It remains to be seen whether this new protest will grow like the Occupy Wall Street movement that inspired it. Even so, OccupyLSX got me thinking about popular anger and protest movements.

Lord knows, there’s enough reasons to be angry at the financial sector right now. They created an unsustainable bubble, and we’re all now paying the price. Public services being flushed down the toilet, a whole generation of young people unable to find work…and the Hooray Henries in the Square Mile just carry on giving themselves pay rises. And don’t even think you’ll be able to join the moneyfight yourself. Not unless you’ve got parents willing to support you through a series of unpaid internships, effectively creating a new aristocracy in all but name.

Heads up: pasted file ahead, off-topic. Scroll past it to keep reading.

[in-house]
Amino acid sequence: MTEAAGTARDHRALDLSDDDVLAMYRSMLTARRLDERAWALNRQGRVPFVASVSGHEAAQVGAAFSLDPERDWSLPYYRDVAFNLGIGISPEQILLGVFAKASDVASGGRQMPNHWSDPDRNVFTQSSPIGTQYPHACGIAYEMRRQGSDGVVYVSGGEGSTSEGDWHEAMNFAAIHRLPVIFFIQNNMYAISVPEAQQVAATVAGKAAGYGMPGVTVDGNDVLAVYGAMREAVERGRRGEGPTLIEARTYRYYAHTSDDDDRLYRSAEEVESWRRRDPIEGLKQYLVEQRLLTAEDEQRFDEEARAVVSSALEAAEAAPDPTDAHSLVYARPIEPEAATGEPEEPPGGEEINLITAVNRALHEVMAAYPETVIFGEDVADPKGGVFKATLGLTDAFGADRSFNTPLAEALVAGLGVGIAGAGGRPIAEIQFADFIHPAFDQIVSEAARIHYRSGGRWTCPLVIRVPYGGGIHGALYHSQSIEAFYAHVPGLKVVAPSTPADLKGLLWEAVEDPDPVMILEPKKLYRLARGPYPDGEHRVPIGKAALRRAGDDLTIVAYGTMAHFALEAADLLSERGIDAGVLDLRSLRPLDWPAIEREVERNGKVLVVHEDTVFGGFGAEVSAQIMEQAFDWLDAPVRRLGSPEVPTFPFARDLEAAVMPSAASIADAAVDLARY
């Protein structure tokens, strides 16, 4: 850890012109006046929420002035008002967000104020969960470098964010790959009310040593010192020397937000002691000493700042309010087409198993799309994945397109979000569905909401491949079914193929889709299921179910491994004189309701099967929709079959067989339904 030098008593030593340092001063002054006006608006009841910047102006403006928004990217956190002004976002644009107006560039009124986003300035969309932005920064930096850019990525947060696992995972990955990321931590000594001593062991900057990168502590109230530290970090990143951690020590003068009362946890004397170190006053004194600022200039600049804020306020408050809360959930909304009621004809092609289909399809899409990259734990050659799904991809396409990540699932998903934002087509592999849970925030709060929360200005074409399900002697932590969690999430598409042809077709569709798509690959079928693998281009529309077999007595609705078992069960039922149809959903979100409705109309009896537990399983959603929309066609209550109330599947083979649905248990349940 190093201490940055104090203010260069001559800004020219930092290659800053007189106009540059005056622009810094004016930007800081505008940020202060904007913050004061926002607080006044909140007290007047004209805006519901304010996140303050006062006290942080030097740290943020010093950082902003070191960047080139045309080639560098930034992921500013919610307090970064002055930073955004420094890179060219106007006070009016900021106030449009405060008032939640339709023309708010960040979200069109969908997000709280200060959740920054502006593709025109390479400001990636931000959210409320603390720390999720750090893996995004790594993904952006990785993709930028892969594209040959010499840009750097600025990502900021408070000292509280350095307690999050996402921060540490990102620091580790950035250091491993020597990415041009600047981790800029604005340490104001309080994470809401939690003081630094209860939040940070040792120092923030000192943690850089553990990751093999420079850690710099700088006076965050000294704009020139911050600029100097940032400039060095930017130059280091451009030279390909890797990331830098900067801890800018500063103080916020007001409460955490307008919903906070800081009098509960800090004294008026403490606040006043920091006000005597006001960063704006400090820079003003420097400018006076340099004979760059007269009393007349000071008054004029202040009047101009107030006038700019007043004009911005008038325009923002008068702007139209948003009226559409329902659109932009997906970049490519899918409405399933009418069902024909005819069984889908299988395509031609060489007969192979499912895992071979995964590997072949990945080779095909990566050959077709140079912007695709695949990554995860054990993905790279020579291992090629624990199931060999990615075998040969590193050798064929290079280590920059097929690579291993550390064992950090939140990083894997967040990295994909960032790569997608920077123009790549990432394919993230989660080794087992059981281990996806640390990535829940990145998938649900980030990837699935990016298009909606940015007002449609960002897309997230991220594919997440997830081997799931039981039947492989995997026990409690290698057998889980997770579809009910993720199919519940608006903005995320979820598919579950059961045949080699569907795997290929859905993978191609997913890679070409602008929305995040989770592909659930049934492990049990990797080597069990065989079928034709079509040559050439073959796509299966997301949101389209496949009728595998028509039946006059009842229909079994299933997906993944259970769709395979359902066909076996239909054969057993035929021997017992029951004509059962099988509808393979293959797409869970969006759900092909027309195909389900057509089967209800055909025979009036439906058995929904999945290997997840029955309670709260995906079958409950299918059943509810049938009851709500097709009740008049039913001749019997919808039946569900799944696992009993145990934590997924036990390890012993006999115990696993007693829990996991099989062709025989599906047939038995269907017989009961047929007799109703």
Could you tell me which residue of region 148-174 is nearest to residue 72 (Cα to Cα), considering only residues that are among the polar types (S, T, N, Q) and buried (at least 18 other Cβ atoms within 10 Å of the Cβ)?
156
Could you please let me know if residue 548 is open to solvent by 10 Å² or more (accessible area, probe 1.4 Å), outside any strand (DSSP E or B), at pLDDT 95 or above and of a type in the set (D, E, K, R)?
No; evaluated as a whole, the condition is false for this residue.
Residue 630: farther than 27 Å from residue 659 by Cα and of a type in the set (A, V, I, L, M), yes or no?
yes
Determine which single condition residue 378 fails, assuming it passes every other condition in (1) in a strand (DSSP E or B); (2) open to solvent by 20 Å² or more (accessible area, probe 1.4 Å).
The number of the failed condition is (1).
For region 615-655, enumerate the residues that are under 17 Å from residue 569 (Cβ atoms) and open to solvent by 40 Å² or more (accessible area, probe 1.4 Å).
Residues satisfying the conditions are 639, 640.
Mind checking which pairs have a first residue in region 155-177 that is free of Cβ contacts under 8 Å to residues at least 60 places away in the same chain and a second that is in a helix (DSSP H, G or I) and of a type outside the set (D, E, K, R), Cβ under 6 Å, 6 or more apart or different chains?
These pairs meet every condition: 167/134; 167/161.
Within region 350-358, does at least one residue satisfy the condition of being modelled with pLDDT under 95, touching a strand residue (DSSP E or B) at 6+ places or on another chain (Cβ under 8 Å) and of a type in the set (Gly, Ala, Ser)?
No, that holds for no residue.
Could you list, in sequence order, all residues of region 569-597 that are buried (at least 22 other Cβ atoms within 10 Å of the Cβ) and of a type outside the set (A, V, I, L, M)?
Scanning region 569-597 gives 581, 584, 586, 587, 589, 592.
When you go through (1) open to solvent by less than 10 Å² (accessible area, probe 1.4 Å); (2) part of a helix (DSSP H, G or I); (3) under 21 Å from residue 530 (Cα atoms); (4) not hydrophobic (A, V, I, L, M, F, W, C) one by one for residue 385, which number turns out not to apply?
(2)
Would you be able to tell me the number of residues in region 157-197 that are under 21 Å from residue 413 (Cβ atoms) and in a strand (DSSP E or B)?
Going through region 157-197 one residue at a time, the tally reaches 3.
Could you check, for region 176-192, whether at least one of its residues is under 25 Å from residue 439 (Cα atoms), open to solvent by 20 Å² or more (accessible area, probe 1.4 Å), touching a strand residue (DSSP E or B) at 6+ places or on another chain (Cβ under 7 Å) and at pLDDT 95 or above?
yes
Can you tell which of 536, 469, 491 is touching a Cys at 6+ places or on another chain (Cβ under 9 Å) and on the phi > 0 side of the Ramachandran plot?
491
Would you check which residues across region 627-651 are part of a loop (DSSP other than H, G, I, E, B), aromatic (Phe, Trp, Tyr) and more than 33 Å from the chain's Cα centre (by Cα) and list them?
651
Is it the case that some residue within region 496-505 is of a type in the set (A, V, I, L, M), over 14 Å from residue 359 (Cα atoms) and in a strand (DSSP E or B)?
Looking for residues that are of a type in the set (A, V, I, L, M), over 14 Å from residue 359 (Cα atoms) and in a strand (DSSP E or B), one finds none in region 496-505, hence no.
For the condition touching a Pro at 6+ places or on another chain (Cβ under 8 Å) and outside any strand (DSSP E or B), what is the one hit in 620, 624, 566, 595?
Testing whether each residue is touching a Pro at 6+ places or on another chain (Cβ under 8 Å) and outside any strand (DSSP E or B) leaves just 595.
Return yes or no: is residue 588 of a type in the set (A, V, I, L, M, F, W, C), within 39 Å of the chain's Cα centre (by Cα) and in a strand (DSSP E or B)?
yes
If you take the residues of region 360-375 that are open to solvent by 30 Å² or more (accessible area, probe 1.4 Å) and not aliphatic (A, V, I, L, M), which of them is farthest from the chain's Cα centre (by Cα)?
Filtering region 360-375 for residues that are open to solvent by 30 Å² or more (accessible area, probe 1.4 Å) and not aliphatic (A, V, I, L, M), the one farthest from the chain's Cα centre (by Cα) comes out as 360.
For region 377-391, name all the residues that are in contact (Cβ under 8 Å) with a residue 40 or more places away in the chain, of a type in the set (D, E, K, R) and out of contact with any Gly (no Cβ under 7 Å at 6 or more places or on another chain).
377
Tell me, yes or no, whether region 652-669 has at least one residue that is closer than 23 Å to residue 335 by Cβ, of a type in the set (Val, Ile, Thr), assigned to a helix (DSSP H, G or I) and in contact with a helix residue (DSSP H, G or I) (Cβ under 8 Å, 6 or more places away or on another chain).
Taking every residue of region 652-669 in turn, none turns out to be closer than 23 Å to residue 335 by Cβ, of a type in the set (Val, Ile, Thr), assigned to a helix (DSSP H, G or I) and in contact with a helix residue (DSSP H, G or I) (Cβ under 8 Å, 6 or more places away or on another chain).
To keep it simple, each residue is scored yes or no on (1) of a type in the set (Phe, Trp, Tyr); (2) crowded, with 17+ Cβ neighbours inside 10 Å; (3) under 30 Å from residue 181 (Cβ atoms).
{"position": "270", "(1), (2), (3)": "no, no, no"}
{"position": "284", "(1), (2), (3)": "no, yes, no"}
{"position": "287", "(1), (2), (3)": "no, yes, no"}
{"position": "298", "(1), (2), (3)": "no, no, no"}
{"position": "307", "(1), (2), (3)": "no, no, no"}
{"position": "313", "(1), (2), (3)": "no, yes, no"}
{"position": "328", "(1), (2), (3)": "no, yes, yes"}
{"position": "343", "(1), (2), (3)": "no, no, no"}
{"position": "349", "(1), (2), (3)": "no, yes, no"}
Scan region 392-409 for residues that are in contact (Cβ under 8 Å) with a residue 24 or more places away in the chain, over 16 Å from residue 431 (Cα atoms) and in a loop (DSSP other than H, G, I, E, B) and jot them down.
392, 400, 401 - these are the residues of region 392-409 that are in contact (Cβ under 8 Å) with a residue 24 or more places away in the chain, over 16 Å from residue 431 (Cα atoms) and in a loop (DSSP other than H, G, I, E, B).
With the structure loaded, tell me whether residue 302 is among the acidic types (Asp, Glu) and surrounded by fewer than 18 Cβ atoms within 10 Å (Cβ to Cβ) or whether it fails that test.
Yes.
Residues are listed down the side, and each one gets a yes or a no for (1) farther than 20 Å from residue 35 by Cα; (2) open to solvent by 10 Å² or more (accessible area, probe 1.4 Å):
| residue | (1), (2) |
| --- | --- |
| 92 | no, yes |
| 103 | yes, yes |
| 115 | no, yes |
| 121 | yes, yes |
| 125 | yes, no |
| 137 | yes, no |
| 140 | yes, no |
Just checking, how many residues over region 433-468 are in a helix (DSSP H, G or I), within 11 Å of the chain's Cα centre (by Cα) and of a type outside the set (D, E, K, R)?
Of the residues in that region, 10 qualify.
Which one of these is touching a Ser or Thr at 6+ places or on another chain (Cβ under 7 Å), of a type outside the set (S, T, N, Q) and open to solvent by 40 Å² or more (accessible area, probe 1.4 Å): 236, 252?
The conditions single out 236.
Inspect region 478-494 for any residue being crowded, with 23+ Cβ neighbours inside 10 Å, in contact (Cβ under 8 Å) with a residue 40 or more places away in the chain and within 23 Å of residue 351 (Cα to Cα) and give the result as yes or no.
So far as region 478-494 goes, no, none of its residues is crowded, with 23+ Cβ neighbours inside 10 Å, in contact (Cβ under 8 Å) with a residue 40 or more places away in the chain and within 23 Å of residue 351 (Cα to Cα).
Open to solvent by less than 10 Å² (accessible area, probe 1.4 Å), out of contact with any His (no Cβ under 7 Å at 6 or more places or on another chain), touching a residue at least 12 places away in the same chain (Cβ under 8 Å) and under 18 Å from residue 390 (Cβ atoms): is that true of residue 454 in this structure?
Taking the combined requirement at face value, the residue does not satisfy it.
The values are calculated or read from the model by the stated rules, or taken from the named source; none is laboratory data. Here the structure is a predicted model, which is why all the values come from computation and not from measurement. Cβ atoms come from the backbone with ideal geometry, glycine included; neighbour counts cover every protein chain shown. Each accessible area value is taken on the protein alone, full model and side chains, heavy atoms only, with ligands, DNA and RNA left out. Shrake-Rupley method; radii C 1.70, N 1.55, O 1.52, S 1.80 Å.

The behaviour of some of those in the City hasn’t exactly assuaged our anger either. I’m not just referring to Fred Goodwin. This Comment is Free article, by a City trader arguing that the 50p top rate of income tax would result in all the financial whizkids leaving Britain for overseas, is glorious not so much for the article itself as for the stream of comments that were left in response. People didn’t become any more sympathetic when they realised he was the author of a book called – I kid you not – How I Caused the Credit Crunch.

(Incidentally, I was so intrigued by the book title that I actually bought a copy. Second-hand, naturally. I didn’t want him to have any of my money.)

All in all, the surprise isn’t that people are angry, more that people aren’t knocking together a guillotine on Paternoster Square.

But can that anger actually translate into meaningful change? There’s the question.